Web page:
M.A. in Forensic Psychology: Non-Licensure Track


Program Description

The M.A. in Forensic Psychology: Non-Licensure Track program is designed for students who wish to learn how to apply psychological theories to the juvenile, civil, and criminal justice systems. The program is ideal for professionals in the legal and public policy arenas, including those currently employed in corrections, law enforcement, and the military. Individuals working in victim's assistance programs, treatment facilities, and within social services agencies will also benefit from this specialized degree. Students learn strategies that apply psychology to the understanding and functioning of legal and related fields. The forensic psychology master’s program covers a variety of topics, including understanding the criminal personality, crime prevention through risk assessment, mental health law, trial consultation, substance abuse treatment, trauma and crisis intervention, and community liaison work with legal, law enforcement, and social service agencies.

Graduates are prepared to apply their skills within a wide range of professional contexts, from local police precincts to child welfare agencies. The M.A. in Forensic Psychology: Non-Licensure Track program can be completed in as little as 20 months; flexible scheduling options are convenient for working professionals.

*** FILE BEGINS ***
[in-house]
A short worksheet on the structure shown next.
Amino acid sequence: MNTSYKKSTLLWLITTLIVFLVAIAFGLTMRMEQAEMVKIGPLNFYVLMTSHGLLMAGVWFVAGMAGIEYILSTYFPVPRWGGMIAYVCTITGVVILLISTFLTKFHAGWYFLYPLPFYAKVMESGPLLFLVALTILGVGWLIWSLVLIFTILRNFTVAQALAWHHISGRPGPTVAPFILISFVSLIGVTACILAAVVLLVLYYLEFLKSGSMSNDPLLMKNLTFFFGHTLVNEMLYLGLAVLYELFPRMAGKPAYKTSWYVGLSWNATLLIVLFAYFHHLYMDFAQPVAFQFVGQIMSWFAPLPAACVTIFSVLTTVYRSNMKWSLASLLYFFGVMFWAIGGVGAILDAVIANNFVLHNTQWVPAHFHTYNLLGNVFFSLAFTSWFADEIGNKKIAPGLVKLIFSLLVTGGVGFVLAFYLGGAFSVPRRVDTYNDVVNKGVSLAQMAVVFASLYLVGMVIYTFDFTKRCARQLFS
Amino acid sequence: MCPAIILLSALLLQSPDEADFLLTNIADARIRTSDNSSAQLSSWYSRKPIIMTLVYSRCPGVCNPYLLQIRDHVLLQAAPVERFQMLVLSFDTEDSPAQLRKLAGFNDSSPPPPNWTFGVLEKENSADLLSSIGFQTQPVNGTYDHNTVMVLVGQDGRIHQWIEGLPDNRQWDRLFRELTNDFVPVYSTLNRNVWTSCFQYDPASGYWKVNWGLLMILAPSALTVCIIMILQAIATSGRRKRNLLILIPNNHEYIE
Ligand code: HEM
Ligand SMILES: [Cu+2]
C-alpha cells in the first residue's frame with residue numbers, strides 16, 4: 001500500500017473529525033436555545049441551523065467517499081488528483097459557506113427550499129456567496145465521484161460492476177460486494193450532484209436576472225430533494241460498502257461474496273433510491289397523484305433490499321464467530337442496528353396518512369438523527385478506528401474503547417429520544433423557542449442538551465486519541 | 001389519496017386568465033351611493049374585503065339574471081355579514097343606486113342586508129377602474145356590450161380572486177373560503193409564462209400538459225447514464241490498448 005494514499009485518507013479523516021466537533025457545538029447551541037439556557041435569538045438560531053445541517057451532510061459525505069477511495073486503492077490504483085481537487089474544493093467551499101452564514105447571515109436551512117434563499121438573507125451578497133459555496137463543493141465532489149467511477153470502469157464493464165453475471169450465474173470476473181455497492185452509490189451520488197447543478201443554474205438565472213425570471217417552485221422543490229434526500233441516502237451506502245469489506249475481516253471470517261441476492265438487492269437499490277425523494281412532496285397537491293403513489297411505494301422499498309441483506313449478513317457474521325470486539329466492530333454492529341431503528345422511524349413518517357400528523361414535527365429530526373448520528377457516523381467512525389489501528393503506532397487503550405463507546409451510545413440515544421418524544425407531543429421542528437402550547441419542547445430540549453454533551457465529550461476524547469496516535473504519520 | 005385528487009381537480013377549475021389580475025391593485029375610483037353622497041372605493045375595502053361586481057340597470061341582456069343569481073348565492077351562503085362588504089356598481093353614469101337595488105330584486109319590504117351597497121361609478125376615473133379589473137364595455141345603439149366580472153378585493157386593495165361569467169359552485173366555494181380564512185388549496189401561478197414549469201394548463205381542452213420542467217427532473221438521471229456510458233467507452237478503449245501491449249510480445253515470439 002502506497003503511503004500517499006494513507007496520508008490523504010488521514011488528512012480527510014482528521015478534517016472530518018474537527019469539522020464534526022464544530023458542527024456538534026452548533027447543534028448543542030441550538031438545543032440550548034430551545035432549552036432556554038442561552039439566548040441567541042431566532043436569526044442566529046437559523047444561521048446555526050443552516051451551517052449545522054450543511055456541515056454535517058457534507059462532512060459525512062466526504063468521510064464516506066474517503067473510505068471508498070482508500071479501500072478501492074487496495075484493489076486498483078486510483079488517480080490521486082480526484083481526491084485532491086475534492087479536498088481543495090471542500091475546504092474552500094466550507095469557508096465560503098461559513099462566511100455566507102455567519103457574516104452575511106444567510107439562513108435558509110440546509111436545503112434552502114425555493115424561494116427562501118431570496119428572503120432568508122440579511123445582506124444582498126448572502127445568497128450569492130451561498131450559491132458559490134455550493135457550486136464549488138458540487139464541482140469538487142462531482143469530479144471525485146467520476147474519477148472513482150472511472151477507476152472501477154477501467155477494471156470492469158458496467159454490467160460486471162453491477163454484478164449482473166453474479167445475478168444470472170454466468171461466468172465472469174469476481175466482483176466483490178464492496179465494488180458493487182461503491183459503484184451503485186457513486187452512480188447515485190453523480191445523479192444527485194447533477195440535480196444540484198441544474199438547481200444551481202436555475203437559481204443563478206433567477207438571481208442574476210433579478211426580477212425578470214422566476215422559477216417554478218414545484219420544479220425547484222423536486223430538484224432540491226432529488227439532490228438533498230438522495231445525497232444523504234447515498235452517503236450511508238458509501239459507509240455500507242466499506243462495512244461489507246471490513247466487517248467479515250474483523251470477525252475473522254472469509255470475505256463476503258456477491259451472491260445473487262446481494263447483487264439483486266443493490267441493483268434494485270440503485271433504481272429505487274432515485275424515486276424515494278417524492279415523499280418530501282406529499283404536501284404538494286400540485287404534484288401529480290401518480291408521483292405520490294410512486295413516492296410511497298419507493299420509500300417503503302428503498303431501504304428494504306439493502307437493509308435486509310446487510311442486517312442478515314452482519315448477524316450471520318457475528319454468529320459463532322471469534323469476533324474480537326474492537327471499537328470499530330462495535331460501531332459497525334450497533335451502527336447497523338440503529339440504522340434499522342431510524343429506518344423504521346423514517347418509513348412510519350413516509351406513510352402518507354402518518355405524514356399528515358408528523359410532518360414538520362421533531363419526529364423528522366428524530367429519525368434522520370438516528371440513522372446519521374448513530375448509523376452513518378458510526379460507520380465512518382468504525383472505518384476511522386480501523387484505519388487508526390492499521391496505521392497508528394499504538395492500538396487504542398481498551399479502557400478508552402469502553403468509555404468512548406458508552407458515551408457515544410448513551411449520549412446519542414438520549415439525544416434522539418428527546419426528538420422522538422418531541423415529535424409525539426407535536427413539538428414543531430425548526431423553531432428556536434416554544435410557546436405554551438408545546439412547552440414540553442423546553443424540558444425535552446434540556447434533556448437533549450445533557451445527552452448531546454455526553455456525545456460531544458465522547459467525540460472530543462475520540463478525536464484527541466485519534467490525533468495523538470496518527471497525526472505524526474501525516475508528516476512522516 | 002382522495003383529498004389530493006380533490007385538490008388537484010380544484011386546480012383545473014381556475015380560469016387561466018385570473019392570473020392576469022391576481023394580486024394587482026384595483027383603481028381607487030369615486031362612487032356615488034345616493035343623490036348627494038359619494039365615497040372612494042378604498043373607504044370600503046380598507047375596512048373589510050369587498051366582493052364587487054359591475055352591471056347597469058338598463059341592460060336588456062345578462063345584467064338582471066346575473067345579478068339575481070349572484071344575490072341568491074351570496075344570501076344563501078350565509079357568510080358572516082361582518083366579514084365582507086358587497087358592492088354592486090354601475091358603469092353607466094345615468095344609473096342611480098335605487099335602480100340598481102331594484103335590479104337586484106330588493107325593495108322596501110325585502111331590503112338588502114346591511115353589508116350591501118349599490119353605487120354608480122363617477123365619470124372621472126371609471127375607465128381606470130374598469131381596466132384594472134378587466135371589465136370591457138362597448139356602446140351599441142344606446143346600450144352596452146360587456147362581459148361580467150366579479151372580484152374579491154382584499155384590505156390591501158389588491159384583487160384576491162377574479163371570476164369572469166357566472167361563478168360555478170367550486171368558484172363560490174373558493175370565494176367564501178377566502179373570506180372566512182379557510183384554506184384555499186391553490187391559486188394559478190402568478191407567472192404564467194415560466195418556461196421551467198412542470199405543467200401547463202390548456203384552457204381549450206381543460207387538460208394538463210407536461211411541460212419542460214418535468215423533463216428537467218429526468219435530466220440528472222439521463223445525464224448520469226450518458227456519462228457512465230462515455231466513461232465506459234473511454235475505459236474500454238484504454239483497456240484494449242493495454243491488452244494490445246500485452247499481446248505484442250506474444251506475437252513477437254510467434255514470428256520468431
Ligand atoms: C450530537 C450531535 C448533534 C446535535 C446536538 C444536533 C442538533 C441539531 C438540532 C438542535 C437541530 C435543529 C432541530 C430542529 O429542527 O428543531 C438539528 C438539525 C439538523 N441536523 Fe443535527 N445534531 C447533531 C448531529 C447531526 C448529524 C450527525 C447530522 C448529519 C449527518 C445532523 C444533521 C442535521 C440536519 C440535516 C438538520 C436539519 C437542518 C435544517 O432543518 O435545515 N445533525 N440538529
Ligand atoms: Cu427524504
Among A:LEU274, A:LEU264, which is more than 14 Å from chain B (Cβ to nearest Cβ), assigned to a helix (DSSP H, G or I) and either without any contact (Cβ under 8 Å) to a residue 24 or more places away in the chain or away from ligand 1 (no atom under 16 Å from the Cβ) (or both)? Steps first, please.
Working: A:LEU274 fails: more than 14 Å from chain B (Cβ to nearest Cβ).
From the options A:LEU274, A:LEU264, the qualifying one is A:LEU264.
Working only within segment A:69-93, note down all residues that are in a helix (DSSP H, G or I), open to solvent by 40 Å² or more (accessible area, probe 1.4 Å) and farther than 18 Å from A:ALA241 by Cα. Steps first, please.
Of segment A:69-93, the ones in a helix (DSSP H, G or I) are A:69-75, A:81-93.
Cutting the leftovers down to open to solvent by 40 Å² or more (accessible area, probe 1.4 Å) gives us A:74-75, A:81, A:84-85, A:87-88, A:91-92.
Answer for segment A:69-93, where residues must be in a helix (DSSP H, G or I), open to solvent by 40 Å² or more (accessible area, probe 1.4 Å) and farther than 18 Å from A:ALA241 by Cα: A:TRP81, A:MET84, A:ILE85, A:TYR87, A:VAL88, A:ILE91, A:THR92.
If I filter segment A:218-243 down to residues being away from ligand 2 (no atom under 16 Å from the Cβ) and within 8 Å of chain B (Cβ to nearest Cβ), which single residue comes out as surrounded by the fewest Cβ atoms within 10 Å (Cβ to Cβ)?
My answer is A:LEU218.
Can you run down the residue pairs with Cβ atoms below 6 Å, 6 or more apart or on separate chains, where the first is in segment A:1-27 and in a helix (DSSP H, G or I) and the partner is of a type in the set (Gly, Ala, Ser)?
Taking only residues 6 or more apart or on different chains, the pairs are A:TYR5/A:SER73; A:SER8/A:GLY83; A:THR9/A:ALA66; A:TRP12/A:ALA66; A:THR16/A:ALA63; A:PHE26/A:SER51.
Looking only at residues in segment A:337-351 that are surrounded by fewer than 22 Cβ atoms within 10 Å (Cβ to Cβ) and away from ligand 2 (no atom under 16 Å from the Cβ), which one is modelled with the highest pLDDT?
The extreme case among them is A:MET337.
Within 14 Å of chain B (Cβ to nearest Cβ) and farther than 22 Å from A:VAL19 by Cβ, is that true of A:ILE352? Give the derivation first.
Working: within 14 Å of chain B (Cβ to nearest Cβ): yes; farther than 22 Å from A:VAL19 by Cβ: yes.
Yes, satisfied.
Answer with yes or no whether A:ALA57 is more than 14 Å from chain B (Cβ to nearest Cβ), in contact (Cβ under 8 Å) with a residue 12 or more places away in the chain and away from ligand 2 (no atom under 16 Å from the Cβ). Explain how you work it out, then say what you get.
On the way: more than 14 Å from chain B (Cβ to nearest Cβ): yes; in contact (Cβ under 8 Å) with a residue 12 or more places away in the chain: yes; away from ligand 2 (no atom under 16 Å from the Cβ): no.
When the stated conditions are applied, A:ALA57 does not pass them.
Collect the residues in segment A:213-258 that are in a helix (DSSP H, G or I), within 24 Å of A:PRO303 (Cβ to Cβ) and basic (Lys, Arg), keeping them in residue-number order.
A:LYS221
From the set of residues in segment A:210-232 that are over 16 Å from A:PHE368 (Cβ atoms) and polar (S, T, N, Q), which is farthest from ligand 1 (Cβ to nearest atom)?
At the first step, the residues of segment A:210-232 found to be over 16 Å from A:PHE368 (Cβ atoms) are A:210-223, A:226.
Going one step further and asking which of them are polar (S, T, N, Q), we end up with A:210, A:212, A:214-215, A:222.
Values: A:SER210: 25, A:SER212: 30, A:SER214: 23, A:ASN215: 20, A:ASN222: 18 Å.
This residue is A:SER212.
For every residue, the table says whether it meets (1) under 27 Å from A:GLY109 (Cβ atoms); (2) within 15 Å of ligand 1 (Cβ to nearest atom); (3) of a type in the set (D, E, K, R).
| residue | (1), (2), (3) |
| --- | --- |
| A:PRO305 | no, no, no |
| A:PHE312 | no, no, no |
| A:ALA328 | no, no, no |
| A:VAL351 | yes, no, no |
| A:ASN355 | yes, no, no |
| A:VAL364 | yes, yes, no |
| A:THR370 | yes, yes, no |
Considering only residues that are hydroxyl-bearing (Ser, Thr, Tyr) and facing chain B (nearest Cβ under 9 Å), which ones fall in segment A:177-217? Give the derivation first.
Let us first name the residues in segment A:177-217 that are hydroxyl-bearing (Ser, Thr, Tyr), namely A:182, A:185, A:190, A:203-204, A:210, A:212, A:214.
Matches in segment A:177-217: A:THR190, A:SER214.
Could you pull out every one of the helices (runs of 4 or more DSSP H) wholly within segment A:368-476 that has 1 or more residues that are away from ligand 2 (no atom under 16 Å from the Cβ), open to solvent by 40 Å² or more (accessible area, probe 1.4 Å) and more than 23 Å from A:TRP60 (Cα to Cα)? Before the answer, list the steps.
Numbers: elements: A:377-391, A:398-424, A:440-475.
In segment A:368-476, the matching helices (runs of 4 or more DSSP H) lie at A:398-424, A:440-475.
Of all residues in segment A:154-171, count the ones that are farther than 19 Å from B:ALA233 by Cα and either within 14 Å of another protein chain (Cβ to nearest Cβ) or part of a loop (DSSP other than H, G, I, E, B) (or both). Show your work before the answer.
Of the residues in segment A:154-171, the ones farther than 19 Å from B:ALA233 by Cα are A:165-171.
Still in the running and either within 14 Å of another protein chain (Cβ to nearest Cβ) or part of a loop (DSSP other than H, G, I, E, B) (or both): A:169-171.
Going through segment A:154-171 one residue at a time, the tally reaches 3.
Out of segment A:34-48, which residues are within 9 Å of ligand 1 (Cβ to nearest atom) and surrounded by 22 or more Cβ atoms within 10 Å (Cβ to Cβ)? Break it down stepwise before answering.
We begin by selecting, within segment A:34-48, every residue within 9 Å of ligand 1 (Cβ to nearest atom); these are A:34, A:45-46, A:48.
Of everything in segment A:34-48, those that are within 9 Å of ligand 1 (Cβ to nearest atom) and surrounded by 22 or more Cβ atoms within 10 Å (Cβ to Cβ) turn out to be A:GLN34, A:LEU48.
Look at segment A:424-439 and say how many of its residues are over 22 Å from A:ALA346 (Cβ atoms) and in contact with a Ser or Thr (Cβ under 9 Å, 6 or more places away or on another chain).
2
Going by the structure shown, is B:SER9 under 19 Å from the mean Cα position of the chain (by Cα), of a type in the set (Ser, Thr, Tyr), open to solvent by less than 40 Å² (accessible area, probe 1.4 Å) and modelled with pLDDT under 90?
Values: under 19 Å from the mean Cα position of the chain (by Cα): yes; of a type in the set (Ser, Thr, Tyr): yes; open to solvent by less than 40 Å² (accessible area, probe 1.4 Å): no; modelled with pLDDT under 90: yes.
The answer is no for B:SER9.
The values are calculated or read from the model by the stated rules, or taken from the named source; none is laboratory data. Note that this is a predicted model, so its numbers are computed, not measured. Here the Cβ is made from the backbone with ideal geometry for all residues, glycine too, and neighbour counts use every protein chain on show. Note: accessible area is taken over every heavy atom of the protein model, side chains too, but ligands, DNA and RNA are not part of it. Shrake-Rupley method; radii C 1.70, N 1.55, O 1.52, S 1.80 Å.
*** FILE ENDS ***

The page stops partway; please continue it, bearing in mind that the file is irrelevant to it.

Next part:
Department

Concentrations

Licensure

Total Credits

37

Fieldwork Requirements

  • Bachelor's degree from a regionally accredited institution

GRE Requirements

no

Sample Courses

Socio-Cultural Issues in Forensic Psychology

This course applies social psychological knowledge in the context of cultural sensitivity to the criminal and civil justice systems. Emphasis is placed on topics such as Social Psychological of justice institutions, environmental psychology, socialization into roles and identity, collective behavior, research on juries, attitude formation and change, and criminal identification. This course also highlights the impact of psychological disorders emphasizing the explicit linkage between socio-cultural change and the legal system.

Trauma and Crisis Intervention

This course addresses theories, research studies, and assessment techniques relating to various types of trauma such as childhood abuse, domestic violence, combat experience, surviving a natural disaster, and exposure to life-threatening incidents (such as those likely experienced by law enforcement and emergency services personnel). Crisis intervention techniques concerning the treatment of trauma-related difficulties, acute stress, and posttraumatic stress disorder are discussed.

Ethics and Professional Issues in Forensic Psychology

This course explores ethical and legal conflicts and dilemmas that might be encountered working within the legal system. Ways to resolve such conflict including the standards applicable to the practice of forensic psychology are considered.

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